However, mostly I’ve learned to write by reading a lot of work by authors who write the way I want to; Pratchett, Adams, Woodehouse and Bryson, notably, along with Tom Holt, Robert Rankin, Nick Hornby, Spike Milligan and Tom Sharp but also non comic writers like H E Bates, Graham Greene, Neville Shute and Asimov. There’s the odd dash of historical fiction, Moonfleet when I was a kid, the Children of the New Forest and The Three Musketeers, Jane Austen. In addition my work has gained a lot of influences from TV; Dr Who – check my non violent hero who never thumps anyone – the original StarTrek, StarWars are the three big ones but also a lot of the 1960s TV shows like Get Smart, the Man from UNCLE, the Avengers, Thunderbirds etc.

This is where I confess that I am the only living person in existence who is not going to bang on about To Kill a Mockingbird or Moby Dick in this section. I have never read a word of either.

The point is, I’m guessing there is a similar list of relevant books to mine for each genre.  A list of must reads which any author would look to for inspiration if they wanted to write in it. If you don’t have one, make one.

The most important thing is patience. Nailing the whole write a book thing usually takes a long time. You are probably a faster learner than me, most people are, but it took me ages to write a book that measured up to my QS. On the upside, when I did, I knew at once that I’d cracked it.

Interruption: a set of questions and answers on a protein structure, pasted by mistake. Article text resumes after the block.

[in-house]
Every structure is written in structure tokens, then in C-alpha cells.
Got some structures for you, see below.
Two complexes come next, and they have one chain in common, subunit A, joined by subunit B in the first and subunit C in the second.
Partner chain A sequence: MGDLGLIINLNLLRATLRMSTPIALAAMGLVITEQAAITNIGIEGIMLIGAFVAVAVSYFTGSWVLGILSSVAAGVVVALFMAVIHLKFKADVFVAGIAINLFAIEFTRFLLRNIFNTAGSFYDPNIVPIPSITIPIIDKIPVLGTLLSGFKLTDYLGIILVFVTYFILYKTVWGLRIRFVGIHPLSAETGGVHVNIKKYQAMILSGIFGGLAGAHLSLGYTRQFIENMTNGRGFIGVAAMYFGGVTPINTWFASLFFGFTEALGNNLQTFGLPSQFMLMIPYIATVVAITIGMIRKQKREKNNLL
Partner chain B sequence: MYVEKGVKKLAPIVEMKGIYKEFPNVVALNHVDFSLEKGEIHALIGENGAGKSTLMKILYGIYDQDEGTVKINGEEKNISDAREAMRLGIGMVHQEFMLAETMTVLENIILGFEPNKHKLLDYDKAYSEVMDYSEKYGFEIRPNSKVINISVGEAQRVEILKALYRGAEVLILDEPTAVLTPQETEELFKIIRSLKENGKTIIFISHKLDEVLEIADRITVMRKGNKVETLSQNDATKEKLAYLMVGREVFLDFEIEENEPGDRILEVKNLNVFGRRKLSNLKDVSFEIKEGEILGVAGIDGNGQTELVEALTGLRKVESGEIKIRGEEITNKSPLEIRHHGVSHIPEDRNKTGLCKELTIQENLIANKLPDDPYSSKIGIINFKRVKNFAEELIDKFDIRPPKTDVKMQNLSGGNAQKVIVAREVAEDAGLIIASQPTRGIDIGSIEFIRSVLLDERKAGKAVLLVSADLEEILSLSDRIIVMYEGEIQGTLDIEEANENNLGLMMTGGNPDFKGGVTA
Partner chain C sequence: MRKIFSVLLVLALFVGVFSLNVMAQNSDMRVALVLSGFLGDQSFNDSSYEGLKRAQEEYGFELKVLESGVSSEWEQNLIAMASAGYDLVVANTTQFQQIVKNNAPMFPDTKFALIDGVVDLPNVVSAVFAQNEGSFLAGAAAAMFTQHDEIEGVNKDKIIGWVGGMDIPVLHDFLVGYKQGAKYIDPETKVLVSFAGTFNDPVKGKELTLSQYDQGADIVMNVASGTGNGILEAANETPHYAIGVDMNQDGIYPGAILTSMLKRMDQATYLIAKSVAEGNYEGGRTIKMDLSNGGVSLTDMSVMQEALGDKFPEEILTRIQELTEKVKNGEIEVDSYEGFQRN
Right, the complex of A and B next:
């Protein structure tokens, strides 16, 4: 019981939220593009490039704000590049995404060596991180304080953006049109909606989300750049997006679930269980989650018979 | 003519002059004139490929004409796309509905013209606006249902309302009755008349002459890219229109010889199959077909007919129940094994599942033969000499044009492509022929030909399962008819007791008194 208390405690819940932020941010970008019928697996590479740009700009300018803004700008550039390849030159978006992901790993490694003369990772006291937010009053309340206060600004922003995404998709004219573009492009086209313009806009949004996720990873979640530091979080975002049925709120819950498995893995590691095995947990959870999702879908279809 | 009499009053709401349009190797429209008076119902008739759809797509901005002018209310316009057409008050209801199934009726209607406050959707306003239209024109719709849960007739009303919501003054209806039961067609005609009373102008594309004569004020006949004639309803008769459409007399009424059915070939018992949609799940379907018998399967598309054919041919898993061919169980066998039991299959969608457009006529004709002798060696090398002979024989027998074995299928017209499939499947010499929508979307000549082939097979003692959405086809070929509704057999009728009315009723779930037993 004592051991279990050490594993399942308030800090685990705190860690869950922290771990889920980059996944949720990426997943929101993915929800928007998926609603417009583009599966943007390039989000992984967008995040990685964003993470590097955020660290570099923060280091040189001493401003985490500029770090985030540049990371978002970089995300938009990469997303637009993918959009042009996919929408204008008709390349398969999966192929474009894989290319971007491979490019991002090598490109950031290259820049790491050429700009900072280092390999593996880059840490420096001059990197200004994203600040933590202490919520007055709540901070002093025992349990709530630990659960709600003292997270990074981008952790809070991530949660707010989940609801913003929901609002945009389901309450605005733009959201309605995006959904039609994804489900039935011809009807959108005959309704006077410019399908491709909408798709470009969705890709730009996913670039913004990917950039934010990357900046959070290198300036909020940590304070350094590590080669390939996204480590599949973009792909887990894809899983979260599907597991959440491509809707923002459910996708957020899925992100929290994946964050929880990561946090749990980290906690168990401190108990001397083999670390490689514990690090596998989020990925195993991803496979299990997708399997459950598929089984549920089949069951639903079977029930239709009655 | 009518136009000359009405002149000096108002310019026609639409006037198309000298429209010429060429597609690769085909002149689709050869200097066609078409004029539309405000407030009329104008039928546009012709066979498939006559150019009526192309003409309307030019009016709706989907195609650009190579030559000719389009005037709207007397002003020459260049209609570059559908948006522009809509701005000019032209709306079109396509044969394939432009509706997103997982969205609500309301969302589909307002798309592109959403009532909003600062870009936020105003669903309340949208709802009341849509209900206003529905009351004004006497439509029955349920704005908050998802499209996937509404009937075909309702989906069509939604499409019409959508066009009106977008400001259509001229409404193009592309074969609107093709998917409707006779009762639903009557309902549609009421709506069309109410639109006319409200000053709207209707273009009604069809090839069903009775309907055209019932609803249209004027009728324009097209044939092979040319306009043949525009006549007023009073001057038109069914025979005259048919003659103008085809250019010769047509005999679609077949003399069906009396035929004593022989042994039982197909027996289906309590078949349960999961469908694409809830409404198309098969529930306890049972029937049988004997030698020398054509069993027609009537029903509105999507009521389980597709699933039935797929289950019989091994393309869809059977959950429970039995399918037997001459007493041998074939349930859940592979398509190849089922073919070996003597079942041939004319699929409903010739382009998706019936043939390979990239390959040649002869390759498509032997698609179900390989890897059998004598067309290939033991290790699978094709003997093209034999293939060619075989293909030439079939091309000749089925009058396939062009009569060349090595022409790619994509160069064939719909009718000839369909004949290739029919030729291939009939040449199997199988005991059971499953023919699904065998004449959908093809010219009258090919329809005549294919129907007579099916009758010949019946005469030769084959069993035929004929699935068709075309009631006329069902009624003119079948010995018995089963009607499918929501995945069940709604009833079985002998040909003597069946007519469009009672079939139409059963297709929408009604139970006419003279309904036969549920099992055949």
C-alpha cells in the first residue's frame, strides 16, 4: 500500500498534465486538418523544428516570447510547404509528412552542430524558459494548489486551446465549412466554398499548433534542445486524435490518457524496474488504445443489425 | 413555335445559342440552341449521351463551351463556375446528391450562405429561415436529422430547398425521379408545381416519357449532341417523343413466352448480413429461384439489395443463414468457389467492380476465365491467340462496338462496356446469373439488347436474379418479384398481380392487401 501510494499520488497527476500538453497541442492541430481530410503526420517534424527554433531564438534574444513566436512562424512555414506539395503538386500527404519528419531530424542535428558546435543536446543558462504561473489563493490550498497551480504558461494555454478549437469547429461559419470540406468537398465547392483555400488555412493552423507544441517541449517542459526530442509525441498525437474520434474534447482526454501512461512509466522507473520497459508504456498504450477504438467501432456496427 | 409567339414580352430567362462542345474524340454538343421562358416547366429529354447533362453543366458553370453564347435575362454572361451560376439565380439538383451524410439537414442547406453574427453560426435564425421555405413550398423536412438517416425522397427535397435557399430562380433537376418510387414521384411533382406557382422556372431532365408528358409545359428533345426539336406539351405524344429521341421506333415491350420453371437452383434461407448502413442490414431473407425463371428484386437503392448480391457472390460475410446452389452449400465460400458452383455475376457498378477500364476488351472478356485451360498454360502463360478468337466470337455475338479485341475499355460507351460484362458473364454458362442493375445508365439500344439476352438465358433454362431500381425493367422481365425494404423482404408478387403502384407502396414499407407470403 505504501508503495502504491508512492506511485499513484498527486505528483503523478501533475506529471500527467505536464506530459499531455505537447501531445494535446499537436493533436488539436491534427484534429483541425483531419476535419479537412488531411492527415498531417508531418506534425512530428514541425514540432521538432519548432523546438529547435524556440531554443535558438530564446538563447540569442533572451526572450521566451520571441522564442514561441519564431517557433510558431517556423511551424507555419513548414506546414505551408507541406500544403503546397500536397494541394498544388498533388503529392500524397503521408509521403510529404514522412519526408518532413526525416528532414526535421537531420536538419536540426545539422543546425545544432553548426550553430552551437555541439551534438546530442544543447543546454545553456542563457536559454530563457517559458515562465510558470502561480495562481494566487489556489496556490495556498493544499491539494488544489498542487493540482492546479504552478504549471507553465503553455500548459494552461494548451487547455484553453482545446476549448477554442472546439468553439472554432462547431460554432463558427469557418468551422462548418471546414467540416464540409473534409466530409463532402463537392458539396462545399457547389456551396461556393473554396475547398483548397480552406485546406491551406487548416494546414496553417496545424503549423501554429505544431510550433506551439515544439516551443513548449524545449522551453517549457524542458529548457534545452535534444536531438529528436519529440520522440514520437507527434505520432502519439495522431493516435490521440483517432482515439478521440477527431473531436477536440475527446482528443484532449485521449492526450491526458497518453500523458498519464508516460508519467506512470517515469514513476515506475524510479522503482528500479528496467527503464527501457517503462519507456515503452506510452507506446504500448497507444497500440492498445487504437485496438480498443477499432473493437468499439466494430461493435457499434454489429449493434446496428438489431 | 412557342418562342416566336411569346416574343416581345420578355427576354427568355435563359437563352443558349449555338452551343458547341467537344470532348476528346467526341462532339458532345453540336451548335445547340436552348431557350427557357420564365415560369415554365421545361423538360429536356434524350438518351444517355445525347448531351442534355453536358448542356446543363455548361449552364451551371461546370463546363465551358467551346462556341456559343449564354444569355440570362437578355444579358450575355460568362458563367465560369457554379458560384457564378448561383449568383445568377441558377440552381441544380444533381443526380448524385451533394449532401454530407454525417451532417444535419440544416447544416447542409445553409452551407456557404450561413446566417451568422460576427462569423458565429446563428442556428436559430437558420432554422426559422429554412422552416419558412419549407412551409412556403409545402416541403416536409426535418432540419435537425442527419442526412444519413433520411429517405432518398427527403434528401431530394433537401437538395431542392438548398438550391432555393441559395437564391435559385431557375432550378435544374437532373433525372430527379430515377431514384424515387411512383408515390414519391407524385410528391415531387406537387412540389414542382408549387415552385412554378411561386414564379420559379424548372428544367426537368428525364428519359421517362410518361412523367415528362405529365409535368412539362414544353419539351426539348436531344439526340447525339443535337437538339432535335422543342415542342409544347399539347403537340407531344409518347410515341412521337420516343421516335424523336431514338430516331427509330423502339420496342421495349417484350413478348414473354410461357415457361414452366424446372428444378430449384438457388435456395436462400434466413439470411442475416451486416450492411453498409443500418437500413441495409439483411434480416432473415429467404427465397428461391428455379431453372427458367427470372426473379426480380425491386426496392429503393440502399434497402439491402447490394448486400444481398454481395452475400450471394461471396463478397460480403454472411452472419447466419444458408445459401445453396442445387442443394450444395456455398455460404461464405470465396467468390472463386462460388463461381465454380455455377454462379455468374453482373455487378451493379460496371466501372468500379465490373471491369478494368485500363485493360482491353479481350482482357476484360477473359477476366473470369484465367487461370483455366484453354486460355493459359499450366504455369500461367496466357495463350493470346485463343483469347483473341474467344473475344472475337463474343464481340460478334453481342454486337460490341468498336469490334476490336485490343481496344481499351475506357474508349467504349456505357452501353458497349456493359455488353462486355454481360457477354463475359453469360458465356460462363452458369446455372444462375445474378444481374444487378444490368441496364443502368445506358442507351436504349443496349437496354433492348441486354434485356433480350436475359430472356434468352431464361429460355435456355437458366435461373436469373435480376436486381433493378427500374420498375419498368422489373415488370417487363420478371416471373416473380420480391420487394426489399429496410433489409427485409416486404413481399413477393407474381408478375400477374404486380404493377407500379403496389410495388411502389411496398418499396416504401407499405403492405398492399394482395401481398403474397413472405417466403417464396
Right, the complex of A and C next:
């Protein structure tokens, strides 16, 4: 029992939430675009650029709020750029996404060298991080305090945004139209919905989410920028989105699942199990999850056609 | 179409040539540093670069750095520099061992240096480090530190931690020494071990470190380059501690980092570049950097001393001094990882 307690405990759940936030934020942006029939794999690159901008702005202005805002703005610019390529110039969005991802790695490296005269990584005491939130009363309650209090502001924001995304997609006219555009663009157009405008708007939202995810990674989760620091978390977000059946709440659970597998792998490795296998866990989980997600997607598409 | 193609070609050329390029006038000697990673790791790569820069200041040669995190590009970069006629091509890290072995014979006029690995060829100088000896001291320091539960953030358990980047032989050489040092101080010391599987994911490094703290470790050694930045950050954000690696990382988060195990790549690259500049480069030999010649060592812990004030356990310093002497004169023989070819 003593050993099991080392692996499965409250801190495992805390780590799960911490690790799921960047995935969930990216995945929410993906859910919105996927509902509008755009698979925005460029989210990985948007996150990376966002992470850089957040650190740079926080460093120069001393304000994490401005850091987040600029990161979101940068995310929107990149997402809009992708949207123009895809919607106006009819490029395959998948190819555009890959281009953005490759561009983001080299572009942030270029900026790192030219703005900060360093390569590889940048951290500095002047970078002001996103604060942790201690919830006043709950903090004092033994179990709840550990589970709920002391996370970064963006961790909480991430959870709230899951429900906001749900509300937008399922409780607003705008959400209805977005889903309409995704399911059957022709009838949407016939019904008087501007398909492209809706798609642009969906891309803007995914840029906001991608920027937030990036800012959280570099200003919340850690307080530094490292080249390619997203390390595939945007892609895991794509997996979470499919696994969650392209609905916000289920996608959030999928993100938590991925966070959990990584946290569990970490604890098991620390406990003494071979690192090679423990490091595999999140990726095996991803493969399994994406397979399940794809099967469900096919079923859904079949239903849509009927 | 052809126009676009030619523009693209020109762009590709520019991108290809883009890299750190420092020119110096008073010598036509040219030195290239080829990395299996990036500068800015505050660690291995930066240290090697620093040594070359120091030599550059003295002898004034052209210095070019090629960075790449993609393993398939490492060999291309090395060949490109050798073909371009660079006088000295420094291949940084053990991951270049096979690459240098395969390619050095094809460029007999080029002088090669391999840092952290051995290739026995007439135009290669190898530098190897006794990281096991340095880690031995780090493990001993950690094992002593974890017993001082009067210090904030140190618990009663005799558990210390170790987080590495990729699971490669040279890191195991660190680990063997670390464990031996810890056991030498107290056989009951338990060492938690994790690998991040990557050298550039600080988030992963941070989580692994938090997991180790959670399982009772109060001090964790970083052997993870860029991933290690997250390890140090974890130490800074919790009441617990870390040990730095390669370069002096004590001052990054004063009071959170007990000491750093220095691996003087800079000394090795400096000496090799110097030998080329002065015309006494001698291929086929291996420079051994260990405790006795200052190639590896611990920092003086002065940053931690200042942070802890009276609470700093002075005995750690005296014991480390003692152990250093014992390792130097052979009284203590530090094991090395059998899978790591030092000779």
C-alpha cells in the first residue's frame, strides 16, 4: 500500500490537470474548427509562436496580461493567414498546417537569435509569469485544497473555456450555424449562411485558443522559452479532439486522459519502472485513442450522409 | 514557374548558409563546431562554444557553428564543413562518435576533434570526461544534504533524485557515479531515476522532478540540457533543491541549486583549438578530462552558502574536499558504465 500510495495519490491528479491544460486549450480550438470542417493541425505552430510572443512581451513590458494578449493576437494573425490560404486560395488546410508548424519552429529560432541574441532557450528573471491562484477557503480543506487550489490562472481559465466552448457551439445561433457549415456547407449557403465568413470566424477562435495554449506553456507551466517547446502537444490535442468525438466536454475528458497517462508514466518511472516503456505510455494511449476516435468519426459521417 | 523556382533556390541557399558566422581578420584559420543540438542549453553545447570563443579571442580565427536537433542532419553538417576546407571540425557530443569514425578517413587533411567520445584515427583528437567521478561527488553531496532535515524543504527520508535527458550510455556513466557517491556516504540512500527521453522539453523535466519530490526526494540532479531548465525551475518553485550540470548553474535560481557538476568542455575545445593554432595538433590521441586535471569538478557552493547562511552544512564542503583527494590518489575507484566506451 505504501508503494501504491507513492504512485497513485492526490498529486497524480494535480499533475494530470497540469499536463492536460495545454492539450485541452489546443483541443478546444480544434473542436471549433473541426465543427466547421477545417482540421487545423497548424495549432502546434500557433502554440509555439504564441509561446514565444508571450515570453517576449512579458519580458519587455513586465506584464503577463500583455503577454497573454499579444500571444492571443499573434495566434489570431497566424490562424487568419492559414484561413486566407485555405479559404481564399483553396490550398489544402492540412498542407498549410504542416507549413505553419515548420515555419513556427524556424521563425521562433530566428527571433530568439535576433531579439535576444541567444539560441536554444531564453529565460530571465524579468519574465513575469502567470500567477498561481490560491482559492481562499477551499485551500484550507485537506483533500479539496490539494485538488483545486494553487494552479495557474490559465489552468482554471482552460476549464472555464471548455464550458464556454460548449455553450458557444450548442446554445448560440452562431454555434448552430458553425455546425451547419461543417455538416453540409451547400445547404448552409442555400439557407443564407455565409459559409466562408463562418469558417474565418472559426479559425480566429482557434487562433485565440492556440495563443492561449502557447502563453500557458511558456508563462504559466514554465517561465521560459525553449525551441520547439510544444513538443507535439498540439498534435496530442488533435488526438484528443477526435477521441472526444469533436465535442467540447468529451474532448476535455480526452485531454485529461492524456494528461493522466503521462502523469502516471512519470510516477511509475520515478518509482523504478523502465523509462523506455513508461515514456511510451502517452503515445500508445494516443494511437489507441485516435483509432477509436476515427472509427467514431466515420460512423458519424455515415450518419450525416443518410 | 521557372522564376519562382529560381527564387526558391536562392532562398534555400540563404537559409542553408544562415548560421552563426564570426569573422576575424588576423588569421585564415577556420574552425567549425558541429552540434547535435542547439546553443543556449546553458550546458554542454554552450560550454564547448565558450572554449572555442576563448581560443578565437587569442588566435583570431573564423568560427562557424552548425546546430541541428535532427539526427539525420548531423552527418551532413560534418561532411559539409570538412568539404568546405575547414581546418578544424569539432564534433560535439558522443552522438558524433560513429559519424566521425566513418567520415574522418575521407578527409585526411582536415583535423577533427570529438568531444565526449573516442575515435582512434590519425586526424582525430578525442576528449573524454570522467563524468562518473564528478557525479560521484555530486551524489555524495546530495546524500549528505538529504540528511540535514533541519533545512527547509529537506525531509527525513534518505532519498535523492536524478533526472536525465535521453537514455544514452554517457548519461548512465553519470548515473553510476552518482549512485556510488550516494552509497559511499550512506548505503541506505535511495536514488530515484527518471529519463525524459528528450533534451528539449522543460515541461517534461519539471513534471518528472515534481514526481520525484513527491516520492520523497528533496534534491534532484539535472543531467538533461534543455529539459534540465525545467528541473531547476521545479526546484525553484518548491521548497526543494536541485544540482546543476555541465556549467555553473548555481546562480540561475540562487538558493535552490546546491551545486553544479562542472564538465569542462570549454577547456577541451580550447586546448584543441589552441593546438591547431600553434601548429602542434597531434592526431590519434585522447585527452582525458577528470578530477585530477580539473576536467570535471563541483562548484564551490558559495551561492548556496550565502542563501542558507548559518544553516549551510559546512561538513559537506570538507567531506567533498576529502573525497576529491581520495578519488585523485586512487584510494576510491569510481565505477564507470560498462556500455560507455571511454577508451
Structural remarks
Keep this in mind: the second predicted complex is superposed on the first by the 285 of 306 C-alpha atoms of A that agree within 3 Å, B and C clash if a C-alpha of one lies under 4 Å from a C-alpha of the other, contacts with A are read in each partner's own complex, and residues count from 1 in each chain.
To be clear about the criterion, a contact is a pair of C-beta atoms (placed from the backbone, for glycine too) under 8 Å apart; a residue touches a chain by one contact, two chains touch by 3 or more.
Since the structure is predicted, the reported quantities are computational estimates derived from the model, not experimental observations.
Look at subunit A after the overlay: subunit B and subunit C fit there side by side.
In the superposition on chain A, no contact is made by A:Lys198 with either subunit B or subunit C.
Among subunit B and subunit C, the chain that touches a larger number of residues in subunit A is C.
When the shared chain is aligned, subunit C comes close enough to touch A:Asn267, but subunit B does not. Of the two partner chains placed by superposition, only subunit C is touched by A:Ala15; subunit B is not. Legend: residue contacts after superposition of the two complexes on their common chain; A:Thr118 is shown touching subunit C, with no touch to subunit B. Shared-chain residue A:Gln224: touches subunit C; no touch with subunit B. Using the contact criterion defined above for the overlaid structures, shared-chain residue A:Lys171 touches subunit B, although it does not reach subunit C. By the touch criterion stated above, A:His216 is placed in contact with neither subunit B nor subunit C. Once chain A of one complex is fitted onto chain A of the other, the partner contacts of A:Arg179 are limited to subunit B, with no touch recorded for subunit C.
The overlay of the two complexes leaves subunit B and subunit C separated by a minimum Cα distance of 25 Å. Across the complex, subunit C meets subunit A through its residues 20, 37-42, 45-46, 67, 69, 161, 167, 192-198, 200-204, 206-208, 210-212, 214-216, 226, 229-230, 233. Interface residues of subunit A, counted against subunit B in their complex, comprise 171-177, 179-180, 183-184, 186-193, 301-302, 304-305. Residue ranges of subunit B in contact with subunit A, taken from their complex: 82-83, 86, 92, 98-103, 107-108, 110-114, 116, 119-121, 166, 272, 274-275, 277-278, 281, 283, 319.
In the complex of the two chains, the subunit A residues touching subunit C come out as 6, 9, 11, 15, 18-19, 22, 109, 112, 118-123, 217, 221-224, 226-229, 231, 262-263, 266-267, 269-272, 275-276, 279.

Setting Deadlines

I don’t do this. It would kill me because if they were realistic I’d be in tears about how long each project was going to take and if they are unrealistic I’ll be beating myself up over failing to meet deadlines. I just set a long term goal and short term, realistic, targets and then creep slowly along. One of my friends got stuck a while back when we were at the same stages in our first book. I was stuck, too, but by telling myself it was temporary, or writing other scenes from other parts of the book, or, indeed other books entirely, I managed to keep on creeping slowly forward, I now have 5 books out, she’s just completing her third novel. Other writer friends have twice as many books out as me after two years in the game. So much of writing is a case of having a firm word with yourself and just getting on with it in whatever way you can. You may find deadlines work for you. I find they don’t but a handful of defined and doable goals, with no done by time, they do help. Like all this, you probably need to experiment to get your own happy medium.

In a nutshell, then, bollocks to deadlines; set targets.

Building an Audience